When zoomed in, the background of the zoomed area is white.

The zoomed area can be translated left or right using:

  • the keyboard with the Up key, the Left key or the PageUp key (faster) to move to the left and the Down key, the Right key and the PageDown key (faster) to move to the right.
  • the mouse with Wheel Up to move to the left and Wheel Down to move to the right.

The zoom can be reset using Ctrl+0.

Searching a sub-range of the trace

On large traces, a sub-range can be selected in the Timeline to reduce the scope of a search:

  1. Right-click + drag and drop in the timeline: a green line represents the currently defined sub-range.

Going to a bookmark

The Timeline also displays bookmarks set in the Trace. Click on the bookmark icon in the timeline to get to the bookmark in the trace.

Searching and browsing some points of interest

  1. Fill the search form with your search parameters.
  2. Click the Search button and wait for the results to appear in the timeline and in the result dropbox.

Framebuffer view

The Framebuffer view provides a view of the machine's screen state for a given transition selected in the Trace view.

NOTE: the Metadata replay must have been run for the Framebuffer view to be available.

Framebuffer view screenshot

Calltree view

The Calltree view provides a tree representation of the ancestor and sibling calls around the currently selected transition in the Trace view. This calltree is dependent on the stack currently in use, and as such is local to the current process and thread.

The following is a code block with its corresponding calltree. The calltree widget adds a hole item when there are many siblings. This hole item contains buttons that can be used to request more siblings. In the example below, the hole item represents hidden calls to function_bottom, made by function_b in a for loop.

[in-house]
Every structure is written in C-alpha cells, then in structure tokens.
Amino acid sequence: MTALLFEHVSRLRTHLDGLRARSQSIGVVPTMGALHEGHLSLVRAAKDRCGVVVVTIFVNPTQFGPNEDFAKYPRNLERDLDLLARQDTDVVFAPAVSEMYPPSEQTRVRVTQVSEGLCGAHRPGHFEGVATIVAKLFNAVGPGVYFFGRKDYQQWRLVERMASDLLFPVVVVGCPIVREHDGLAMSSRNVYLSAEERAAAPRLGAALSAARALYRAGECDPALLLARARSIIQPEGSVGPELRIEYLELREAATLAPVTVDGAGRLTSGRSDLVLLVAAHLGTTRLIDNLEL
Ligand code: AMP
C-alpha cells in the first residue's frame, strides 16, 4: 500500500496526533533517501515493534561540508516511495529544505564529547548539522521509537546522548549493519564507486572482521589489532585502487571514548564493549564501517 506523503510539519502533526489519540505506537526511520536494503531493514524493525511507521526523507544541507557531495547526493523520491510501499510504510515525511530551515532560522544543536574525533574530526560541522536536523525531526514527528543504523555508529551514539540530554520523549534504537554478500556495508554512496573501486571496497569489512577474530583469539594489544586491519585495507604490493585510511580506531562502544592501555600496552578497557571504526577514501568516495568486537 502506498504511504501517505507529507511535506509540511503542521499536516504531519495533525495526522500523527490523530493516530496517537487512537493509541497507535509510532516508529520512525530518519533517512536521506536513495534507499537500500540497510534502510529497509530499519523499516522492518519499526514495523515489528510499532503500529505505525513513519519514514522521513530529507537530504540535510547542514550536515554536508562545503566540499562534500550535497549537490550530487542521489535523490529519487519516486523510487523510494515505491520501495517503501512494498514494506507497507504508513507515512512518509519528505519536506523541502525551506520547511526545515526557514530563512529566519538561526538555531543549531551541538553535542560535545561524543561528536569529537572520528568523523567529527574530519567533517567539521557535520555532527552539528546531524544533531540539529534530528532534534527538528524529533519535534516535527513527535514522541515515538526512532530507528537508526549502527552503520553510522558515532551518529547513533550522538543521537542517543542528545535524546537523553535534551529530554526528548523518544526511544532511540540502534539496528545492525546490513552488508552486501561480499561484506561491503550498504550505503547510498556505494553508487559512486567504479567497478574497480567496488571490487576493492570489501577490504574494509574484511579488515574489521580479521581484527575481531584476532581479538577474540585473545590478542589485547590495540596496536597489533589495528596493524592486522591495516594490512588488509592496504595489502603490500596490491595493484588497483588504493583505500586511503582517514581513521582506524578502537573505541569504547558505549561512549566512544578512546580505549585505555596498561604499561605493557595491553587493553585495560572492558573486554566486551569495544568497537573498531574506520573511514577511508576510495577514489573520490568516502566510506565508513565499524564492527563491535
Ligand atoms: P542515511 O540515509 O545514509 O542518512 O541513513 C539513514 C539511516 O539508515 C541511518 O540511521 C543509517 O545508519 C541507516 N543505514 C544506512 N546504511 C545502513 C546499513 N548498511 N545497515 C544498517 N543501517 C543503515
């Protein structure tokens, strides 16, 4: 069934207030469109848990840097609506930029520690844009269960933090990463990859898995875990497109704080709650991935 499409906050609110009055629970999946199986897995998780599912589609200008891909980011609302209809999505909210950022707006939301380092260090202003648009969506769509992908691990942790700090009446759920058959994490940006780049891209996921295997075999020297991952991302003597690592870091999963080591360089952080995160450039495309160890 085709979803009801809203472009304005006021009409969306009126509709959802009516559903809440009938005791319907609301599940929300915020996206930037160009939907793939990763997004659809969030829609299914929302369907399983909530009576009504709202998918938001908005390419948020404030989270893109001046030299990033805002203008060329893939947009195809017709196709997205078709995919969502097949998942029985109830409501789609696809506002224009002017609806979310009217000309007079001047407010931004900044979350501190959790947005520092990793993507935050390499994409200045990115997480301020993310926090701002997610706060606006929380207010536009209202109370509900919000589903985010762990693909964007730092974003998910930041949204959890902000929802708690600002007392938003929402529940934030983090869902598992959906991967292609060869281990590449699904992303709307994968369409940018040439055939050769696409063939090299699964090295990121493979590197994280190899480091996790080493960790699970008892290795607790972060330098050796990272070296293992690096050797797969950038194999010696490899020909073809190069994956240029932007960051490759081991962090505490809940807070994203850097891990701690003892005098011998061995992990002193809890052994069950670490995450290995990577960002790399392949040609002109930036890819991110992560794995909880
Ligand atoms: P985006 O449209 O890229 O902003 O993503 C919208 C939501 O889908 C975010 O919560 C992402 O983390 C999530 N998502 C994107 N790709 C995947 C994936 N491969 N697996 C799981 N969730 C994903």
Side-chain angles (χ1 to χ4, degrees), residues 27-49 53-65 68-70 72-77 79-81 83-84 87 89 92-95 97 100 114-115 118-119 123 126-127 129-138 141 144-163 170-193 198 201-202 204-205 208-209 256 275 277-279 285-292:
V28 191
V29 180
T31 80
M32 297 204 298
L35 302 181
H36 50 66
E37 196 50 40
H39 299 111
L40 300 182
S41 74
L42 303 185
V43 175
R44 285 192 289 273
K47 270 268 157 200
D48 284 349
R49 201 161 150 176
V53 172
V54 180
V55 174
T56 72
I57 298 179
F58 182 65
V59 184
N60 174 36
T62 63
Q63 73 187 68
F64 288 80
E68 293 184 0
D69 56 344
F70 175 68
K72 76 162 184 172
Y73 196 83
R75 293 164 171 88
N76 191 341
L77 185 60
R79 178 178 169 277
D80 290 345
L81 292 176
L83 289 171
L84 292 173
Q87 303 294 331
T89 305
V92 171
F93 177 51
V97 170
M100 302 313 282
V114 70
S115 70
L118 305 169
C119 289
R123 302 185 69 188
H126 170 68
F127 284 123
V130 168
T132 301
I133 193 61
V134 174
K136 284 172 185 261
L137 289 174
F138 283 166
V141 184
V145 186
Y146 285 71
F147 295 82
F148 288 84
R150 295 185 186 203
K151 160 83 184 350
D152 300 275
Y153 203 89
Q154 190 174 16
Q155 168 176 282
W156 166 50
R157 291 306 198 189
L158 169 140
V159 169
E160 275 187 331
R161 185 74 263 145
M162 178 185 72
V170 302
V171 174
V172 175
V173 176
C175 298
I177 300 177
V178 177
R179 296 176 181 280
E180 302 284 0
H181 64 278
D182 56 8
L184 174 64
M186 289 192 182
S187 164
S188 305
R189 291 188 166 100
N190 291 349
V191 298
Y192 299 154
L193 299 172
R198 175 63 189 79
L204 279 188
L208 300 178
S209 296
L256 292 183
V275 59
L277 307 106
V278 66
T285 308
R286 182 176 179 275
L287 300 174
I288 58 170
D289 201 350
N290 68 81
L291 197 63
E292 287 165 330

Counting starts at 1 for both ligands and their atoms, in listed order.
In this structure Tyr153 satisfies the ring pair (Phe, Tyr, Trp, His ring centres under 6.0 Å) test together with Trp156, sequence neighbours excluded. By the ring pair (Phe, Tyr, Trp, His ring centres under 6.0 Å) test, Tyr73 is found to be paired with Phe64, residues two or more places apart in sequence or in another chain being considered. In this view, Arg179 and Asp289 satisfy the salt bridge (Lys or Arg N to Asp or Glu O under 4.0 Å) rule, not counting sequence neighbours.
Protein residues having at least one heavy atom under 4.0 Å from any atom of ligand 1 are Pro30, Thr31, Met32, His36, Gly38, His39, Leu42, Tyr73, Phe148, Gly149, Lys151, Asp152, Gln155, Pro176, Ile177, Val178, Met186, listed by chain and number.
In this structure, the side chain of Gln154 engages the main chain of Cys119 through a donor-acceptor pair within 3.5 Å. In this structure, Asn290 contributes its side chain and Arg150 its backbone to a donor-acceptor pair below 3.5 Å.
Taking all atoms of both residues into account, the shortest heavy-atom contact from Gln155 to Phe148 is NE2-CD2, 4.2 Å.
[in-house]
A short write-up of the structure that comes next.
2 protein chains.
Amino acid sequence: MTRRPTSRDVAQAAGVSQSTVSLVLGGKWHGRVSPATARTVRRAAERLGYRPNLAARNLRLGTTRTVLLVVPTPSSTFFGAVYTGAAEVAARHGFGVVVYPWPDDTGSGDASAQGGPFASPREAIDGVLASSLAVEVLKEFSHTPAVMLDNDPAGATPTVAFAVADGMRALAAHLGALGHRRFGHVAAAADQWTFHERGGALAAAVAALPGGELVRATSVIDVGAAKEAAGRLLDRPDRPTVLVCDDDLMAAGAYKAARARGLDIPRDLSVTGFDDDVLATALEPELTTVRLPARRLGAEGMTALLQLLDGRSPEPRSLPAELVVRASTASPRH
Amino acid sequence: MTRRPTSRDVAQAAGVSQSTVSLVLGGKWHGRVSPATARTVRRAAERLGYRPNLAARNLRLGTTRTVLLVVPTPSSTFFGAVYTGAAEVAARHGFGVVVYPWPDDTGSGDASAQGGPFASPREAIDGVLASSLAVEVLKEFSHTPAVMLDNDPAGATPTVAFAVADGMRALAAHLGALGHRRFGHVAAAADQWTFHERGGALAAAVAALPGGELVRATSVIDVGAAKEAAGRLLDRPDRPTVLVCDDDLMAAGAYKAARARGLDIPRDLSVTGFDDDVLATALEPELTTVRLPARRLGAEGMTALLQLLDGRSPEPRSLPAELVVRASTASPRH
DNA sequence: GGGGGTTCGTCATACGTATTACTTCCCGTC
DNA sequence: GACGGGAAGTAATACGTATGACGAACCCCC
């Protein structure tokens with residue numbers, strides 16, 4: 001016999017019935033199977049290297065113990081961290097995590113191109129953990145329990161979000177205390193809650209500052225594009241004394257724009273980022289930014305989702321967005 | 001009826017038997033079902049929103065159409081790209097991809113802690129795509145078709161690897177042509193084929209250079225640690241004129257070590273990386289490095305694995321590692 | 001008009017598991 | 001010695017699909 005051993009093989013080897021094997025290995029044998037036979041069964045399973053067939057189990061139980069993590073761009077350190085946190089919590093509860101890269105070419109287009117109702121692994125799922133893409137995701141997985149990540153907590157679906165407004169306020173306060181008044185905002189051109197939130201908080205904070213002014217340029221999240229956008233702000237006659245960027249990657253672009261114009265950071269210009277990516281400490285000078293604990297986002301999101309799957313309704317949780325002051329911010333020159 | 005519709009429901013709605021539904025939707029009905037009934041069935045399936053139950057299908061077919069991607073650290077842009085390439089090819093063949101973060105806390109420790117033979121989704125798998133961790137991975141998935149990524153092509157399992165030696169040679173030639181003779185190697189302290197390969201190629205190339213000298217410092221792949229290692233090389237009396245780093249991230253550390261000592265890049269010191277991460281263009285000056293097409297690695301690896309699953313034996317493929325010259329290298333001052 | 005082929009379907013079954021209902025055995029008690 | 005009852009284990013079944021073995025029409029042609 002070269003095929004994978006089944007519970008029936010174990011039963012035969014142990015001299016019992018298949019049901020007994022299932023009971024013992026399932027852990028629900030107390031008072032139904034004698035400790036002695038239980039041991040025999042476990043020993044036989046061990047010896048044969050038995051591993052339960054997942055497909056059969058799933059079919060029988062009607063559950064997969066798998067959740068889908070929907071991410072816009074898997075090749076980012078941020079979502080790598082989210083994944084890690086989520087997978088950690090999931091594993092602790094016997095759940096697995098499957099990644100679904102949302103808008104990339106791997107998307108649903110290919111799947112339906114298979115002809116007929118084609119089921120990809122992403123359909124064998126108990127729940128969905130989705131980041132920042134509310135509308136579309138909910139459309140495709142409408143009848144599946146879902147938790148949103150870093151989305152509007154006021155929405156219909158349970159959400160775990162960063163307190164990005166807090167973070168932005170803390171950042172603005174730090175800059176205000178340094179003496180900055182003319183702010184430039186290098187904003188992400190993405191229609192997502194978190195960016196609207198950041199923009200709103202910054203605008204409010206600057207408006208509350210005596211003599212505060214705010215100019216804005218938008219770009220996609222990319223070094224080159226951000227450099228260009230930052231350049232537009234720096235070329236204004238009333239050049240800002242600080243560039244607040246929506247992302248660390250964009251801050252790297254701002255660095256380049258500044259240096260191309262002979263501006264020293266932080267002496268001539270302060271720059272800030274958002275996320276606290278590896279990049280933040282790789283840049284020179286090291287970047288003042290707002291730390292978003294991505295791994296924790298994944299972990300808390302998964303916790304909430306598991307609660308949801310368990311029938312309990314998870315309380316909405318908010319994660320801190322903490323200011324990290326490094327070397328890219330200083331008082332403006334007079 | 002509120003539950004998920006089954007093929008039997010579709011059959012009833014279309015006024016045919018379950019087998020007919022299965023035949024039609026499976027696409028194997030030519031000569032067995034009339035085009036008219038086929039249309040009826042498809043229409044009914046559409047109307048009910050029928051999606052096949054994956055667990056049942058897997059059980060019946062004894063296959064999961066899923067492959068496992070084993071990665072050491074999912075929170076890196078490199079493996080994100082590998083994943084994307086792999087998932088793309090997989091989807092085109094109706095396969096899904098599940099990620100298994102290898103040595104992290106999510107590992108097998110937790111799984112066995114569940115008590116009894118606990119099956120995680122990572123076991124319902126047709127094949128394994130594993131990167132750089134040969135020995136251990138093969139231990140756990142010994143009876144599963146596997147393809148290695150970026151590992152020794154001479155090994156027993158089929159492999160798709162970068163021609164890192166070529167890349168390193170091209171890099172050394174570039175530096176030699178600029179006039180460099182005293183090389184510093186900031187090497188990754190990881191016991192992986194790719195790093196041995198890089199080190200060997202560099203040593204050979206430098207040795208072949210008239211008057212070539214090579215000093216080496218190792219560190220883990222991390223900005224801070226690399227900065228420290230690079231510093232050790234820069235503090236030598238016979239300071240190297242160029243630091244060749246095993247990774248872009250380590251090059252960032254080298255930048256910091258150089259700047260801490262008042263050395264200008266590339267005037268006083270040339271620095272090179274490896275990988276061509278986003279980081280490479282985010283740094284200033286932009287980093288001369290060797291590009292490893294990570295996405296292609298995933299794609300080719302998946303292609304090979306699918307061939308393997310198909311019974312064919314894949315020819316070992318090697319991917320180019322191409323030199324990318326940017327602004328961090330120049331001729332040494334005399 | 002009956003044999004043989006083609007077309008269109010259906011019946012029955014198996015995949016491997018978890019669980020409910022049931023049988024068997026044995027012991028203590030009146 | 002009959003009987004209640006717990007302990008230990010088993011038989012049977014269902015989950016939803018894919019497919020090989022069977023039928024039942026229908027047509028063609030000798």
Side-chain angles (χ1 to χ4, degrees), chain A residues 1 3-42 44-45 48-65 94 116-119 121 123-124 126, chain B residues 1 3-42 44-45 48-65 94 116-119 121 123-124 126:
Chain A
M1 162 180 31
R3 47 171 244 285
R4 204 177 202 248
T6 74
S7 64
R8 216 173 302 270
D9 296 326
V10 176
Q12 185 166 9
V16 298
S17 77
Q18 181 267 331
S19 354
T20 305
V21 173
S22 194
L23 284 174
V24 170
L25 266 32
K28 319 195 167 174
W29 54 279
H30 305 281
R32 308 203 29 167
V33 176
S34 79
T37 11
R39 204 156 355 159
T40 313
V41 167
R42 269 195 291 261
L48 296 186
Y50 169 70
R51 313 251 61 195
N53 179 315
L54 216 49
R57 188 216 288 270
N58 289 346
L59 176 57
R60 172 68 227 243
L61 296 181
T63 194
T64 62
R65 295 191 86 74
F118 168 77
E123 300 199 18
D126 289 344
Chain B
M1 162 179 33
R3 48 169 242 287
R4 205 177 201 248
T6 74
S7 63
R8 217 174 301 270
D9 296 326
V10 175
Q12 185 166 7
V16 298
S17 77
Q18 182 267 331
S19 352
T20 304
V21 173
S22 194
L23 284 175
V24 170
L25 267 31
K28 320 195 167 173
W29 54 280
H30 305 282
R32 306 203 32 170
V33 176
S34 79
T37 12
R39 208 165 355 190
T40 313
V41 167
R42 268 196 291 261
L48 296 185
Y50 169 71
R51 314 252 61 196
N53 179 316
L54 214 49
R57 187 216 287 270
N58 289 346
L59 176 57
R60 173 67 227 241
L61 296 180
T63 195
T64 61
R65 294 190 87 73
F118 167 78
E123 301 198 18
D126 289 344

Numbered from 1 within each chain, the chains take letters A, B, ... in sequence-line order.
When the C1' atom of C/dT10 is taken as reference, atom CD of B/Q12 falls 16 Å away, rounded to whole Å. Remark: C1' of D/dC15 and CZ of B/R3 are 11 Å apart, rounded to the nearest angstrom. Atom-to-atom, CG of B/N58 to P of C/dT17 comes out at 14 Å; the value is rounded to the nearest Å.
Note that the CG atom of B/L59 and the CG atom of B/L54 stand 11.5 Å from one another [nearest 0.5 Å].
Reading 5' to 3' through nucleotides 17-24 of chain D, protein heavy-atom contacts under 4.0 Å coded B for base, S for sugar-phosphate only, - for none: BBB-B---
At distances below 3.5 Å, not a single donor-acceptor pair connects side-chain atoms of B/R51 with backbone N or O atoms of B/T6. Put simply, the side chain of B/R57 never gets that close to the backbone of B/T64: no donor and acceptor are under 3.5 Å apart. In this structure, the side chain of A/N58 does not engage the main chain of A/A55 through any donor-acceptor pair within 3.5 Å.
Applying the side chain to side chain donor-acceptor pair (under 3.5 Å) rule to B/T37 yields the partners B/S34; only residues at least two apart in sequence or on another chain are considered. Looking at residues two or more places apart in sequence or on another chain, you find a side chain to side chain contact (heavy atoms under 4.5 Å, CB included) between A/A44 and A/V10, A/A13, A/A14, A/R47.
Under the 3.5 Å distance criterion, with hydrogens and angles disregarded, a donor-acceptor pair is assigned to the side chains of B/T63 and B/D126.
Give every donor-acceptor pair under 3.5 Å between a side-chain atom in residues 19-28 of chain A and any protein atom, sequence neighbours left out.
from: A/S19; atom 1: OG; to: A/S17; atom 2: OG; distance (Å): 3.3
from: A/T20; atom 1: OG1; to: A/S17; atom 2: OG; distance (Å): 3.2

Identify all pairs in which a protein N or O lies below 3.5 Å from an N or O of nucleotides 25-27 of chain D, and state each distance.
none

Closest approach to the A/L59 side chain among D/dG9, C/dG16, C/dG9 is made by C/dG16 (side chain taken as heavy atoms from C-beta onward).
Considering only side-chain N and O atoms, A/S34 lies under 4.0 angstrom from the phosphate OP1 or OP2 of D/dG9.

void function_top() {

void function_a() {}
void function_b() {
    for(int i=0; i < 1000; ++i) {
void function_c() {}

void function_bottom() {}

Calltree example

The Calltree view is initialized with a minimal call tree that can be enriched by the user.

List of actions available in the Calltree view:

  • Display more sibling Calltree request sibling buttons
  • Display children Calltree request children button
  • Display more ancestors Calltree request ancestor button

The Calltree view displays several other important pieces of information:

  • A horizontal red line representing the current selected transition.
  • The calls belonging to the current backtrace are displayed with bold font.
  • Binary names are displayed at the right side of the view. Only binary changes are displayed. The destination binary of a call is displayed beside the call if its children are hidden.

By default, the Calltree view is updated every time the active transition is changed. This behavior can be disabled by clicking on the lock button Calltree lock button. To re-enable it, click on the unlock button Calltree unlock button. Only the tree will be locked, the location of the active transition and the current backtrace will still be updated. Note that if the current transition is not using the stack where the call tree view is locked in, no current transition will be displayed.